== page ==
Pubdate: Wed, 13 Sep 2017
Source: Toronto Star (CN ON)
Copyright: 2017 The Toronto Star
Author: Tim Harper
Page: A6


It's difficult to analyze the impact of Ottawa's coming marijuana
legislation with studies and numbers and examinations of other

This is the type of social legislation that sparks emotions that can't
be allayed with pie charts.

There are many thousands, if not millions, of Canadian parents worried
this will make it easier for their children to find pot.

On the other hand, an untold number of parents are likely to spark one
up tonight to relax after the kids head to bed.

At a parliamentary committee hearing Tuesday - one of a weeklong
series of hearings on the marijuana legislation - it was left to
American visitors to cut through the Canadian paranoia that dominated
most of the day.

Officials from Colorado and Washington brought the temperature down on
the question of use by youth, mayhem in the streets and timelines.

A Colorado official likened their experience to "flying the plane
while we were still building it.'' But they got there.

It was left to Canadian police, aided and abetted by Conservative MPs,
to raise the alarm bells.

Police say it will be impossible for them to be ready by the July 2018
legislation date. The period between passage of the legislation and
the time police are ready is when organized crime will really gain an
unshakable toehold on the pot industry, warned Rick Barnum, the OPP
deputy commissioner for organized crime.

The OPP and the Canadian Association of Chiefs of Police (CAPC) said
they need hundreds more officers trained in cannabis-impaired driving
recognition. But when, exactly, do police not ask for more time and

They also painted a horrific picture of the result of the legislation
that allows a limit of four plants for home grows. This isn't four
little plants sitting on a window sill, said Mike Serr of the CAPC.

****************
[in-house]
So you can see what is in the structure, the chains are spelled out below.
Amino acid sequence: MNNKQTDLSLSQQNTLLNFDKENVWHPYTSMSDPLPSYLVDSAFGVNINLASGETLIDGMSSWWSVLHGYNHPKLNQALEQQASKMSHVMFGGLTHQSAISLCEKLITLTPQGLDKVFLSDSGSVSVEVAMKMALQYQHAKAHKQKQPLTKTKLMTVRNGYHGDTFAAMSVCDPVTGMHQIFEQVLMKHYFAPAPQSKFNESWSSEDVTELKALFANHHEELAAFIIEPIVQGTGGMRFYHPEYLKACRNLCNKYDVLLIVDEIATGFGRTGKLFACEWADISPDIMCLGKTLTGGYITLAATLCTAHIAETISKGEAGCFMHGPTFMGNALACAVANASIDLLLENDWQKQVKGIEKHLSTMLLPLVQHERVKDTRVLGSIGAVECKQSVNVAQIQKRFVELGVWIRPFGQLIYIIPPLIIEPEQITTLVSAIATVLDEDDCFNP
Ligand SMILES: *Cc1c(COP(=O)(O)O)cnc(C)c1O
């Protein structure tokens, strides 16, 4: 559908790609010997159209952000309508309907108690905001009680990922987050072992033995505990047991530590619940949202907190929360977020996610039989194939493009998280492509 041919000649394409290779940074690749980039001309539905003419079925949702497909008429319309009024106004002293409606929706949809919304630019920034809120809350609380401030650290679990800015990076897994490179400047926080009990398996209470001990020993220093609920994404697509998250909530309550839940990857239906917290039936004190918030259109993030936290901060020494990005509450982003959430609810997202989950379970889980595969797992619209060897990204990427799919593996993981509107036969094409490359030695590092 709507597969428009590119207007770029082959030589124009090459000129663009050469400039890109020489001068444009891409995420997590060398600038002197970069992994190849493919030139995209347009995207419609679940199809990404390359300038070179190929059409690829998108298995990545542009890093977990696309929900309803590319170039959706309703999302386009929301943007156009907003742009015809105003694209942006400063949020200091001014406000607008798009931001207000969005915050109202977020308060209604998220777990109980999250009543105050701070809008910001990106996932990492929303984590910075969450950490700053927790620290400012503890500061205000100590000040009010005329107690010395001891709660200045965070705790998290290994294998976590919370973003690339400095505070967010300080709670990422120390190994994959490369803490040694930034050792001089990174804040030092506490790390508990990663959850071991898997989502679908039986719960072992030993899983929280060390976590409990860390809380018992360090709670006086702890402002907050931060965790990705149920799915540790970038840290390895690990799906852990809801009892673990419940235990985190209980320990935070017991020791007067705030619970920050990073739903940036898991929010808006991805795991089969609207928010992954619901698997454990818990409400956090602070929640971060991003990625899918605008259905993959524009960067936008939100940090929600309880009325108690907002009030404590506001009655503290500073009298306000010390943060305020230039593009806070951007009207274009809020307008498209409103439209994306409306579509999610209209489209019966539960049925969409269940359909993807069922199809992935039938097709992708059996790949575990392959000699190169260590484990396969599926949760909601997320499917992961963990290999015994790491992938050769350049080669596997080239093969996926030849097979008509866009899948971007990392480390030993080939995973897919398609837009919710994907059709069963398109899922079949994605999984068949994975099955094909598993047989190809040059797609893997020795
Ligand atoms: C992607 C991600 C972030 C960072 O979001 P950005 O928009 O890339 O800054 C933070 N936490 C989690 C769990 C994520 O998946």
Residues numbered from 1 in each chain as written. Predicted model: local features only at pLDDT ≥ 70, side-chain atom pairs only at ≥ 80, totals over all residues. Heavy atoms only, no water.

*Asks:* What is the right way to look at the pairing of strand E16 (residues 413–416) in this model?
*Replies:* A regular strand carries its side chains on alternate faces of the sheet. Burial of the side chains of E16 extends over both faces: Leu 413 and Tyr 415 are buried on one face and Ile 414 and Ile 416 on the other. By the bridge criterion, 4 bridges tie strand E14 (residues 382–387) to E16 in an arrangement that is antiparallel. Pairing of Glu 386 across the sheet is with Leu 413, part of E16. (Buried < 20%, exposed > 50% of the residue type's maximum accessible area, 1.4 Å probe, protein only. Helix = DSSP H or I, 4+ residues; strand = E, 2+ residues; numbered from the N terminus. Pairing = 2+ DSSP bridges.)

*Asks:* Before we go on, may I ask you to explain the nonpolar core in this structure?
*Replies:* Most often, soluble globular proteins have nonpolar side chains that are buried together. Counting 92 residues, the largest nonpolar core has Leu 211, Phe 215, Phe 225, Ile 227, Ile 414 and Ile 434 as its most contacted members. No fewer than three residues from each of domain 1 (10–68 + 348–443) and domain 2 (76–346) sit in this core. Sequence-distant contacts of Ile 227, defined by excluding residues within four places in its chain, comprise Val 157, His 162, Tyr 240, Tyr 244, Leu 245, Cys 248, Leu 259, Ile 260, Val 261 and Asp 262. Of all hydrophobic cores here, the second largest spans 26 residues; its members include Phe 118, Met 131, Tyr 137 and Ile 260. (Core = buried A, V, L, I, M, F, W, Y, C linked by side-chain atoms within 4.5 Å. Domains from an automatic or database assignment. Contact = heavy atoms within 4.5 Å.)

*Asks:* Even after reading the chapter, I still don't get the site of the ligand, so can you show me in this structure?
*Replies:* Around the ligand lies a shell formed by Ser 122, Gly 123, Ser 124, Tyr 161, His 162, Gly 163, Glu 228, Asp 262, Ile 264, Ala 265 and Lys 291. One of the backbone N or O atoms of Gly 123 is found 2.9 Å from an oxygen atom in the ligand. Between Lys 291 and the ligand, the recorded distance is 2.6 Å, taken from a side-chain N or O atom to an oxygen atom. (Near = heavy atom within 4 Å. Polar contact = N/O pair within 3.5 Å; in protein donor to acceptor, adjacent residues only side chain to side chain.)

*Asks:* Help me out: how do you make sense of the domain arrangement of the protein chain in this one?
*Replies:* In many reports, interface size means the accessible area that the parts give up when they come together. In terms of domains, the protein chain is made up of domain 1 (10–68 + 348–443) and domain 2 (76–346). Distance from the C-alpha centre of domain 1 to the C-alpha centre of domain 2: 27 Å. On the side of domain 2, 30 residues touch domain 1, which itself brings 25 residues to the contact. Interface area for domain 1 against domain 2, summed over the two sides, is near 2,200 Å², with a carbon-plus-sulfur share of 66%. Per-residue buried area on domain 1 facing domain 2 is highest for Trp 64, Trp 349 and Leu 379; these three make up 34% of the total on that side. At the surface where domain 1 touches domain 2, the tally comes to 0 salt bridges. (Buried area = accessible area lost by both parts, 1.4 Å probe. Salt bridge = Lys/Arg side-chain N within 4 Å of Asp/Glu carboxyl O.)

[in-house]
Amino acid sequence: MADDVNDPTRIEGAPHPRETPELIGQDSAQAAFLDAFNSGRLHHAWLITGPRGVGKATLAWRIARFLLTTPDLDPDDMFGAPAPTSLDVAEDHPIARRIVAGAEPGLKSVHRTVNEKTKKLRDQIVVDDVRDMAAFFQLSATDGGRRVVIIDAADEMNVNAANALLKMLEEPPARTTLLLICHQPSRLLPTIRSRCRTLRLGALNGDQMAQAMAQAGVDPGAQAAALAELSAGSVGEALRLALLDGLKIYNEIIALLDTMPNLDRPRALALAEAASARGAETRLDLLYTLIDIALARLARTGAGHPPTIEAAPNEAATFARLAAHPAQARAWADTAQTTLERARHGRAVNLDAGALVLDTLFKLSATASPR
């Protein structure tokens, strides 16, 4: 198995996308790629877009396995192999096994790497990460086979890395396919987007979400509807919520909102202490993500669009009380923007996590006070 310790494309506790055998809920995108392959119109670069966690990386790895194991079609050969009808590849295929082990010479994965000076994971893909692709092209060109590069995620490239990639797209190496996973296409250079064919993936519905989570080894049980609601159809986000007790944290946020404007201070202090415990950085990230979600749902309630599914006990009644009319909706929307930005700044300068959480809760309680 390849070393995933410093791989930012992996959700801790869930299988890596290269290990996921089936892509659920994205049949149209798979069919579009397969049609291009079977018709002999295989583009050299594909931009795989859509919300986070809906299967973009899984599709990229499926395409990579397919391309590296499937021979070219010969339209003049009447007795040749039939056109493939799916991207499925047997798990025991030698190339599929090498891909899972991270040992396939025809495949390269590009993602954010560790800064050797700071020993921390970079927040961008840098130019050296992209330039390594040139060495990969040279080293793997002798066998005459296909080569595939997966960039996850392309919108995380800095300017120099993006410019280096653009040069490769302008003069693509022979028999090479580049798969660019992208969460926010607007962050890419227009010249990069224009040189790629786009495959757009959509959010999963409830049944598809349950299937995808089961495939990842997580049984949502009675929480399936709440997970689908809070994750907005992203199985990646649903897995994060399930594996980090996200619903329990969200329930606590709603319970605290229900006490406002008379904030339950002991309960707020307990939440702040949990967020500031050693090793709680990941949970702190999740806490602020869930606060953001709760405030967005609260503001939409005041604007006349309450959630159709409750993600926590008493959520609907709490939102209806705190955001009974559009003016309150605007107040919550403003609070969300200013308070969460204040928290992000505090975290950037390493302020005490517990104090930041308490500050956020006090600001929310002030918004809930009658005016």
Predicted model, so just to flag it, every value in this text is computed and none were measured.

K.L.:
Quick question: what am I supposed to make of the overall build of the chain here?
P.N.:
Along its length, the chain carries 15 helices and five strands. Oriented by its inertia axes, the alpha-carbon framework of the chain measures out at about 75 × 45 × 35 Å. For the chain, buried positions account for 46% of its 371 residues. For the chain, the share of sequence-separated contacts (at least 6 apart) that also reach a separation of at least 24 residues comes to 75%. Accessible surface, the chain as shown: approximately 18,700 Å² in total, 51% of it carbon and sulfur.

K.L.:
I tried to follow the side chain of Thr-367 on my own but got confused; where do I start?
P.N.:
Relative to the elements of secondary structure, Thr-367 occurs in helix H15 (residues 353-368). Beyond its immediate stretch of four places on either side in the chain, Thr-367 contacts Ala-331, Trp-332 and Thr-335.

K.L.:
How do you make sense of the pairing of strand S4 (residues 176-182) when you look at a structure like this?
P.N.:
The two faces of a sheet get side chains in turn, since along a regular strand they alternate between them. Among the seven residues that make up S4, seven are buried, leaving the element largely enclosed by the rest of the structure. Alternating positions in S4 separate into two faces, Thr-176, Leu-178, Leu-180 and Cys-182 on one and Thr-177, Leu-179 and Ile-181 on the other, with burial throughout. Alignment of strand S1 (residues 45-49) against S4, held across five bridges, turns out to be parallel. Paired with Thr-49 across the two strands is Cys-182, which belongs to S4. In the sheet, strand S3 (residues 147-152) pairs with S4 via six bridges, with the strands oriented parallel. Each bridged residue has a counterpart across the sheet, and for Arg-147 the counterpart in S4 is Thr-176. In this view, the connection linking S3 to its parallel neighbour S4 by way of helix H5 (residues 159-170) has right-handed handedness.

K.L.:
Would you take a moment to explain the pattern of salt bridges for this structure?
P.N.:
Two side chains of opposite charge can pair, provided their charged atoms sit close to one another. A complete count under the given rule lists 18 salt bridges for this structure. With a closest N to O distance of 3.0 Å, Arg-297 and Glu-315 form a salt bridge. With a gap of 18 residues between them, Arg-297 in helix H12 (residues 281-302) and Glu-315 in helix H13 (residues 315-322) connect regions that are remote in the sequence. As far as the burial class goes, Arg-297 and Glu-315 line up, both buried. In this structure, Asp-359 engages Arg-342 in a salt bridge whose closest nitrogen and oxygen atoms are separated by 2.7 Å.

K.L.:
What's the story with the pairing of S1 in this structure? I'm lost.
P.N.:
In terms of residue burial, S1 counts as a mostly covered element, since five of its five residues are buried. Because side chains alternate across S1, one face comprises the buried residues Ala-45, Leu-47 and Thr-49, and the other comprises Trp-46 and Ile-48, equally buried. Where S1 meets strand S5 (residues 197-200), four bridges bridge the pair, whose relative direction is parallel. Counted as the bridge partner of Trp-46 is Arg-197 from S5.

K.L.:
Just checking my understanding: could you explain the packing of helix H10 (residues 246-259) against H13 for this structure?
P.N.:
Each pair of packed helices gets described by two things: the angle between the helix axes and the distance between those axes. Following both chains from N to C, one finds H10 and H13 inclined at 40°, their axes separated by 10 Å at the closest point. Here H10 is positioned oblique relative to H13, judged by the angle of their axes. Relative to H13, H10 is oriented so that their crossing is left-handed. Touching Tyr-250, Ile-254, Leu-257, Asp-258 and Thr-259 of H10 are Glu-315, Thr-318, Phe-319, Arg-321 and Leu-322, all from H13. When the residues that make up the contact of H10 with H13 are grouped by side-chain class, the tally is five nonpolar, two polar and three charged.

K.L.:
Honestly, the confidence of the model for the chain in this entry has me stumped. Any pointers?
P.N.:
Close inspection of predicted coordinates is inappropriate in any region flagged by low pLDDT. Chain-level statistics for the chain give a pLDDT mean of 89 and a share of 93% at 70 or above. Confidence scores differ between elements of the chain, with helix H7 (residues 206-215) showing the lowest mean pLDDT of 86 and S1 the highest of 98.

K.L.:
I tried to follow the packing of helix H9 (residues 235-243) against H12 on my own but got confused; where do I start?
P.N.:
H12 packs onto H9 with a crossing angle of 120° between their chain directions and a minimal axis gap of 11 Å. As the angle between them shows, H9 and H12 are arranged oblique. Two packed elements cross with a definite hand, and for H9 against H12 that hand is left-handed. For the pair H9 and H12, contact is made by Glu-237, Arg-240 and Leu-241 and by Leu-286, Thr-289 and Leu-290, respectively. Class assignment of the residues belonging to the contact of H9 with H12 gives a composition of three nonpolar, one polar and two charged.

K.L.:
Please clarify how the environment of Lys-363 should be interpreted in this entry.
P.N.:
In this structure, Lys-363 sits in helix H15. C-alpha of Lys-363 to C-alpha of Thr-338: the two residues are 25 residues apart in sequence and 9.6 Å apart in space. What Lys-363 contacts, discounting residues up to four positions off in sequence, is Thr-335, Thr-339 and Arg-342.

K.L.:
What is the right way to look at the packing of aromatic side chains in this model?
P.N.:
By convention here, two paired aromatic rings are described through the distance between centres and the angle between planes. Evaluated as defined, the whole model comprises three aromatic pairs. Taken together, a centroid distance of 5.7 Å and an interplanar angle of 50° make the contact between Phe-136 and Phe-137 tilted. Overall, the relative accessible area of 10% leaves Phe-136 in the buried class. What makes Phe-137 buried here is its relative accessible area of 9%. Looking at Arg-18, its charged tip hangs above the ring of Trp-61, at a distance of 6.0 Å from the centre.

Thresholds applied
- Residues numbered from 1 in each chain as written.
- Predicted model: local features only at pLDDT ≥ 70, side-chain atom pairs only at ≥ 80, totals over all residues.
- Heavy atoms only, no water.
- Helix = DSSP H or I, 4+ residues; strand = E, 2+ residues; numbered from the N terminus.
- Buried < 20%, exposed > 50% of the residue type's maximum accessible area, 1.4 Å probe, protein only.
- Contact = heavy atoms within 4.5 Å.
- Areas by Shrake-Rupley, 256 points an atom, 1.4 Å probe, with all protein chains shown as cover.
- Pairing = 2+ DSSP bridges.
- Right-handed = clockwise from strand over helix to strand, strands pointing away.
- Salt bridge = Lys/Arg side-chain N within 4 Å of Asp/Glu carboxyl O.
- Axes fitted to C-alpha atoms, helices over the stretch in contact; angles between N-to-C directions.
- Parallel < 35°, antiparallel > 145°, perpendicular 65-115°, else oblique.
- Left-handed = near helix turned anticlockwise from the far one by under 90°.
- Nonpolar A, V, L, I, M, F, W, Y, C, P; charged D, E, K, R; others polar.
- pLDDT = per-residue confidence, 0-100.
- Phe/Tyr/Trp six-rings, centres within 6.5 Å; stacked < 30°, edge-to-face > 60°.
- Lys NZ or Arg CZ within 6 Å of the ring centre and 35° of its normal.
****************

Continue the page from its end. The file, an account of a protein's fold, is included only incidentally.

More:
Maybe not, but he outlined an eye-popping picture of how one indoor
plant would yield 60 to 100 grams per plant in a building of 200 units
in which half were growing marijuana, causing safety hazards, home
invasions, pot for kids and safety violations.

To be sure, there are some realities at play here. The most damaging
thing that can come from marijuana use, whether you are a youth or an
adult, is being ensnared in the criminal justice system.

Under this legislation, adults with more than 30 grams, youths with
more than five grams, or someone who tries to sneak a fifth plant into
their home are all criminals.

It is unfair to criminalize an 18-year-old with six grams of marijuana
in his possession when his 19-year-old brother can legally buy 30 grams.

It is blatant hypocrisy to continue to lay possession charges as
legalization looms.

As many as 17,000 possession charges were laid in 2016,
disproportionately laid against the marginalized and racialized, as
recently reported in the Star.

And it is also blatantly unfair to anyone whose life has been upended
with criminal convictions for possession once pot is legalized. They
must be pardoned.

Those concerned about an increase in youth smoking rates should
remember that those in the 12-18 age group know where to find pot now
and they will know how to find it on the black market after July 1,

The black market is not going away after that date, particularly in
Ontario where Kathleen Wynne is starting with 40 drab, government-run
outlets for the entire province, even if there is an online option. If
you're buying pot from a trusted outlet now, it is highly unlikely
you're going to make a lengthy sojourn to hit one of those stores on a
Saturday night to restock.

The choices youth make regarding marijuana come from their teachings
at home and school. Kids will perceive that there is less harm from
this drug if it is legal.

In Colorado and Washington, a few years into legalization, there has
been no explosion in youth usage.

In Washington, for example, use is now down among eighth and 10th

It is rare for a visiting official to come to Ottawa and criticize
Canadian legislation, but Michael Hartman of the Colorado Department
of Revenue pointed out that his state of five million people is
spending $12 million on outreach to youth about the dangers of
marijuana. Ottawa is spending $9 million for a country more than six
times the size of the state.

That may be the lesson here for kids and marijuana. Don't threaten
them with criminal sanctions. Spend some real money to teach them.
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